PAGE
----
As ever, instead of looking at the reality of the world around them and drawing their conclusions about the nature - or even existence! - of the god they worship based on what they see, the theologians start with their desired answer - God is good! - and then contort themselves into ever more desperate intellectual non-sequiturs in order to twist the evidence to fit that answer.
Nailed it.

Fri, 22 Jan 2010 19:16:00 UTC | #434291

TIKI AL's Avatar Comment 25 by TIKI AL

Since Wegener's theory was not accepted until 20 years after his death, shouldn't Robertson be ignored for at least that long?

"Alfred Lothar Wegener (1 November 1880 – November 1930) was a German scientist, geophysicist, and meteorologist.

He is most notable for his theory of continental drift (Kontinentalverschiebung), proposed in 1912, which hypothesized that the continents were slowly drifting around the Earth. However, Wegener was unable to demonstrate a mechanism for continental drift, which, combined with his mostly circumstantial evidence, meant that his hypothesis was not accepted until the 1950s, when numerous discoveries provided evidence of continental drift.[1][2]"(wiki)

Fri, 22 Jan 2010 19:27:00 UTC | #434303

Mitch Kahle's Avatar Comment 26 by Mitch Kahle

"The idea that any of this has anything at all to do with us, that it was created with us in mind, or that our 'sinfulness' has had any effect whatsoever on the majestic, monumental and utterly indifferent laws of physics, is egotism of the highest order."

Indeed. For me the word Christian is synonymous with arrogance. Claiming to have knowledge, refusing to provide evidence, and then demanding acceptance and respect is the highest form of ego.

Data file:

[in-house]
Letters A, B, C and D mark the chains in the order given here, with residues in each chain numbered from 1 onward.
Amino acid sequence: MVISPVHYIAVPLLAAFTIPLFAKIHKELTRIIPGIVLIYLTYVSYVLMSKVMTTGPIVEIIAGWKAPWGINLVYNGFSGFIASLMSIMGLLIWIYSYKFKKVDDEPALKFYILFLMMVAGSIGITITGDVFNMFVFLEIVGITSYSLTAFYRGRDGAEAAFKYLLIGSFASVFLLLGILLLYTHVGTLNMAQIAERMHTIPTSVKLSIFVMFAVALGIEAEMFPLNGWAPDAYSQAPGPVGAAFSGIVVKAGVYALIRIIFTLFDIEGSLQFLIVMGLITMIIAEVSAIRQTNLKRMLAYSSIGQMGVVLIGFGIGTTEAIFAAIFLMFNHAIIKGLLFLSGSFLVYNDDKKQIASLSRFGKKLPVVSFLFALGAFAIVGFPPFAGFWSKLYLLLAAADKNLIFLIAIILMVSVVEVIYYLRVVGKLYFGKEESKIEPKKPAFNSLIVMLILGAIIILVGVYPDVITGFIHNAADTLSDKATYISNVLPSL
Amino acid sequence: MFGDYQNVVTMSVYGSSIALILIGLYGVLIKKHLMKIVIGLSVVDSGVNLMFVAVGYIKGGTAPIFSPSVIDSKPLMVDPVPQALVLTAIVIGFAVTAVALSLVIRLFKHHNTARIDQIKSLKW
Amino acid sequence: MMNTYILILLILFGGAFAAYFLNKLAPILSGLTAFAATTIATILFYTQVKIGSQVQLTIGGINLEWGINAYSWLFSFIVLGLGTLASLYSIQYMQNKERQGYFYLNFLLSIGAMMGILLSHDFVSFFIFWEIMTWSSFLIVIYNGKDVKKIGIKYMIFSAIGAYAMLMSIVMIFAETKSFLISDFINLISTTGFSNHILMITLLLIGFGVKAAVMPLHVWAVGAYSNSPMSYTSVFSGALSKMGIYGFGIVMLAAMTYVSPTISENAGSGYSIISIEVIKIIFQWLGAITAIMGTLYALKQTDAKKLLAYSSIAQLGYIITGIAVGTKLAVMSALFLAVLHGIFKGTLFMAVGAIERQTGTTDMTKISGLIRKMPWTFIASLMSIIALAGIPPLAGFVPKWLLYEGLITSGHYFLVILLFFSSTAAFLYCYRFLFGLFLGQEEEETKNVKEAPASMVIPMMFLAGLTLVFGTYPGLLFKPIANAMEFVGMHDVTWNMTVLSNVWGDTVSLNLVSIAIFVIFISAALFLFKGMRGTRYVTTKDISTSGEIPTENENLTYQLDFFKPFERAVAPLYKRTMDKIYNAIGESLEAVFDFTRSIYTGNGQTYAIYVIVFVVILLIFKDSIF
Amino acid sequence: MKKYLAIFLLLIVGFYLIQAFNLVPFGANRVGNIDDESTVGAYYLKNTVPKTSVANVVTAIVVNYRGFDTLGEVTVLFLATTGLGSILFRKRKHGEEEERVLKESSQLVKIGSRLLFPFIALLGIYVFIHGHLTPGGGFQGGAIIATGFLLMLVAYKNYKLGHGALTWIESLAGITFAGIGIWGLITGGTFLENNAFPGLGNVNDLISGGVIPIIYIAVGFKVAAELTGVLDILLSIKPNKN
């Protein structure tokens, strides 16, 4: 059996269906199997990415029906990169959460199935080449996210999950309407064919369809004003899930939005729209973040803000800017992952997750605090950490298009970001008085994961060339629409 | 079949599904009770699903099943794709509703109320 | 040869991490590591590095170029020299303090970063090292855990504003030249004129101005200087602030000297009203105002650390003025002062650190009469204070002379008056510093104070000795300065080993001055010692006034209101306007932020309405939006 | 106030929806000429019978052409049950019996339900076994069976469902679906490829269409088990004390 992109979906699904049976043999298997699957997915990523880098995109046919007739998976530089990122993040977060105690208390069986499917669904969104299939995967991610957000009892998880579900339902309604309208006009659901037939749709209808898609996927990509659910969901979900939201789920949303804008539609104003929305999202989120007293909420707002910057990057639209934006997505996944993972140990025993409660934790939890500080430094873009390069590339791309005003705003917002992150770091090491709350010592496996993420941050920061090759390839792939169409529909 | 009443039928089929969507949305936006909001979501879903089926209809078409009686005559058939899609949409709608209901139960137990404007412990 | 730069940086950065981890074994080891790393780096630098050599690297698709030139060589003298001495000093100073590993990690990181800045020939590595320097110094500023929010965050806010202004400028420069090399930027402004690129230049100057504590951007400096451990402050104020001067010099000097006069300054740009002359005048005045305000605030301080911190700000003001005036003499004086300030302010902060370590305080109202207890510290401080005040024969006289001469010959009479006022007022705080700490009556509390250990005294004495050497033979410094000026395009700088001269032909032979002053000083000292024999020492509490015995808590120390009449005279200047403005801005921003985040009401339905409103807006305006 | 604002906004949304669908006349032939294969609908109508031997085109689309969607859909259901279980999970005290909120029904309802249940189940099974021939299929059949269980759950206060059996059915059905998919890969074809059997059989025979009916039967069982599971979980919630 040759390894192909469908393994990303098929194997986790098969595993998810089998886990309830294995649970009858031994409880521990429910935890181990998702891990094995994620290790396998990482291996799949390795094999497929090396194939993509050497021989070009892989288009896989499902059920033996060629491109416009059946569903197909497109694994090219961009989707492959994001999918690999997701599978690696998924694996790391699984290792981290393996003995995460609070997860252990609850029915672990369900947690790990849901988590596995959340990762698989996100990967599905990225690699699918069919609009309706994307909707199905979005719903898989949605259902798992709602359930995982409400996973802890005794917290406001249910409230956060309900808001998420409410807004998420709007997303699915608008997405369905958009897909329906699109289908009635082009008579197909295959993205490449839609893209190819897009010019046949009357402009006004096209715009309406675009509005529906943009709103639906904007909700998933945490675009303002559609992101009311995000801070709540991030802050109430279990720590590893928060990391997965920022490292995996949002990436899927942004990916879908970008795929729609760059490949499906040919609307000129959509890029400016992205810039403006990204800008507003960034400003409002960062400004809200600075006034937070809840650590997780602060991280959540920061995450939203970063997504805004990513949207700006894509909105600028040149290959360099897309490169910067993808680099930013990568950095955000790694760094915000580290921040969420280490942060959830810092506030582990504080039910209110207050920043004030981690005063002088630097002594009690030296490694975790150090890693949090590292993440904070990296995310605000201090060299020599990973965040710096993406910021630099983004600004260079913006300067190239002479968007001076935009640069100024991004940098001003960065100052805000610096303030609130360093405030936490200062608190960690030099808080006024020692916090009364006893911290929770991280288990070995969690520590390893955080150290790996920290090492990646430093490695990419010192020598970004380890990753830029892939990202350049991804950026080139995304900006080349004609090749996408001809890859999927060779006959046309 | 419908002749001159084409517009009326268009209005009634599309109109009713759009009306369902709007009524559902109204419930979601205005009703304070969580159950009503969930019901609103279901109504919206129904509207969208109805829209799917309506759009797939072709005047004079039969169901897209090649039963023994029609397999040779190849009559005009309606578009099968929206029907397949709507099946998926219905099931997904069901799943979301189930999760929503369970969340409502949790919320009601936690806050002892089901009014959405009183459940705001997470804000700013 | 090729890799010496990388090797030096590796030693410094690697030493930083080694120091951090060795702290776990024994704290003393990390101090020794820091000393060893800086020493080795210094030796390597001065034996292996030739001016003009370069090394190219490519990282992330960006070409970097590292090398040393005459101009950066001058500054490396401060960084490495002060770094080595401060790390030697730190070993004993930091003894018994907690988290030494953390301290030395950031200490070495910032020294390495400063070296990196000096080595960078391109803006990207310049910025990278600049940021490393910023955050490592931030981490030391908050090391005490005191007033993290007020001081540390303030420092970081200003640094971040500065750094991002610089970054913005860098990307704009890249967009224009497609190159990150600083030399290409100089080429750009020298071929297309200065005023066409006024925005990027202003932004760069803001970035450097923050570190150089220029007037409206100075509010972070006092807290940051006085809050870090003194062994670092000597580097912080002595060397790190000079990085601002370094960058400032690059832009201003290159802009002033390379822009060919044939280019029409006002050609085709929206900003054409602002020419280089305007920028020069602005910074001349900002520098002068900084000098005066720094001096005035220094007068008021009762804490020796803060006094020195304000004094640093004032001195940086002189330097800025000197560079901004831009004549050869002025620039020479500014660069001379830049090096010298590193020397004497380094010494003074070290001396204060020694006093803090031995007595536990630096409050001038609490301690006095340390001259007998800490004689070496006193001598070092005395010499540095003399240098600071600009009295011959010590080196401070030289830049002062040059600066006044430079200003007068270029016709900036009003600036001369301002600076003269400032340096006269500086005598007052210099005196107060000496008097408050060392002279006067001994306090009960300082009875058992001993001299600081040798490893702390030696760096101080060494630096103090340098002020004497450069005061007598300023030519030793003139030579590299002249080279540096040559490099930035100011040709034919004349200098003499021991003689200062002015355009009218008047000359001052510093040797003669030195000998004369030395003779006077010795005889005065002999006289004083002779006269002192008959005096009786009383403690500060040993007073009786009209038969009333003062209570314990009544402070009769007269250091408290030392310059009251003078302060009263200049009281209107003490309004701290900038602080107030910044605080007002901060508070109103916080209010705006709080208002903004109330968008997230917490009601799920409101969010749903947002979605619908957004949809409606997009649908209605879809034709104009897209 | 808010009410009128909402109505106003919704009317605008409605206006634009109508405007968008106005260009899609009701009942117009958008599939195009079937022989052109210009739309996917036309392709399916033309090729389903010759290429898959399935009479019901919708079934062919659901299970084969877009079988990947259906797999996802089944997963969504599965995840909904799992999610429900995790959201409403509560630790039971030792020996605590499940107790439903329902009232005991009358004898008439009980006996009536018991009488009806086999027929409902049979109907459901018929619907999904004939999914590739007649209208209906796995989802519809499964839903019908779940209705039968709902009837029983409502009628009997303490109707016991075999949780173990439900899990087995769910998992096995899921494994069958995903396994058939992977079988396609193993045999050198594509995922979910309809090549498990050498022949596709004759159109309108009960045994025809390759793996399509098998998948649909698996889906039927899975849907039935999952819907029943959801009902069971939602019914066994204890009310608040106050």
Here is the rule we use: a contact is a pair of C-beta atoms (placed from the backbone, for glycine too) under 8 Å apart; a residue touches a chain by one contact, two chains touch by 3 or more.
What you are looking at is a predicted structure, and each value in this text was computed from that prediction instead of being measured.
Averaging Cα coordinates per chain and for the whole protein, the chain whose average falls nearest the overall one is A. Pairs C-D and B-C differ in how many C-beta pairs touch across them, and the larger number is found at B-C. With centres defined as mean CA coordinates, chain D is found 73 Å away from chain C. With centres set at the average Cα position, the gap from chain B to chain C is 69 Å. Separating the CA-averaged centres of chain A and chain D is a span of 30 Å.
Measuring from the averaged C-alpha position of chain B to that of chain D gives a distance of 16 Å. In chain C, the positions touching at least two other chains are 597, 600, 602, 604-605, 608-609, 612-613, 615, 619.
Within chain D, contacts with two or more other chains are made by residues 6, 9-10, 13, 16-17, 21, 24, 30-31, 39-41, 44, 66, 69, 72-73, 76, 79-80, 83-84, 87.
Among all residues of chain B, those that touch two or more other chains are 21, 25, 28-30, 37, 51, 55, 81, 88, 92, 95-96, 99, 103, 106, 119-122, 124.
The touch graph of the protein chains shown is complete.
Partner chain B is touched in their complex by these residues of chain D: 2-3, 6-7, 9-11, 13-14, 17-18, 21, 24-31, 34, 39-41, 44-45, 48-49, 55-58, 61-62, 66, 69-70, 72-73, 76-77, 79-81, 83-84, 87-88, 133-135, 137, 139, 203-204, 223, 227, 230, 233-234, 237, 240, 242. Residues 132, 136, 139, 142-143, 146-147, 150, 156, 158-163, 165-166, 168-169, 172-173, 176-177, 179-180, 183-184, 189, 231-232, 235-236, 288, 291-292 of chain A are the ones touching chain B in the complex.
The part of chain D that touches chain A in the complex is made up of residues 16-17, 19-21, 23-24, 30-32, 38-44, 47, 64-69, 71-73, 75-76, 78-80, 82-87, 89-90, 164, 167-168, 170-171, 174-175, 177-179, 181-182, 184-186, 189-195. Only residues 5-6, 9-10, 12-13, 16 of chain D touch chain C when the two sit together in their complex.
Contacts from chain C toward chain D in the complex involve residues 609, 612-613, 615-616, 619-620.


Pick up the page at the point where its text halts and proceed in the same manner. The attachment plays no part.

If you want see ignorance of the highest order, just read the testimony of those opposed to marriage equality.

Fri, 22 Jan 2010 19:31:00 UTC | #434306

TrickyDicky's Avatar Comment 27 by TrickyDicky

4. Comment #453595 by TIKI AL on January 22, 2010 at 5:32 pm

"Jesus rifles update: Maddow reported last night that the Michigan manufacturer has stopped putting Buybull verses on the US Military rifle scopes and has sent kits into the theater to remove them from the rifles already being used by the Muslim recruits to train with. Their sneaky proselytizing almost cost them a 660 million dollar contract in a thriving state like Michigan."

Are they going to change the cross hairs?

Fri, 22 Jan 2010 19:35:00 UTC | #434308

prettygoodformonkeys's Avatar Comment 28 by prettygoodformonkeys

Thanks, Paula. Guess I'll re-read Stenger's book before I post on this again!

Also: nice job on the response to Robertson. Good to have it out there for people who need to see it.

Fri, 22 Jan 2010 19:47:00 UTC | #434312

TIKI AL's Avatar Comment 29 by TIKI AL

TrickyDicky @ 28: "Are they going to change the cross hairs?" ...Yes, they have erased the little bloody nails.

Fri, 22 Jan 2010 19:48:00 UTC | #434313

Dean Buchanan's Avatar Comment 30 by Dean Buchanan

Yet another incisive analysis by Ms. Kirby, all meat and no fat.
Contrast this with supernaturalists who seem to be all fat and no meat.
I guess humans are really attracted to fat, but lean meat is better for us. edit:(these days unlike in the past.)

Fri, 22 Jan 2010 19:50:00 UTC | #434315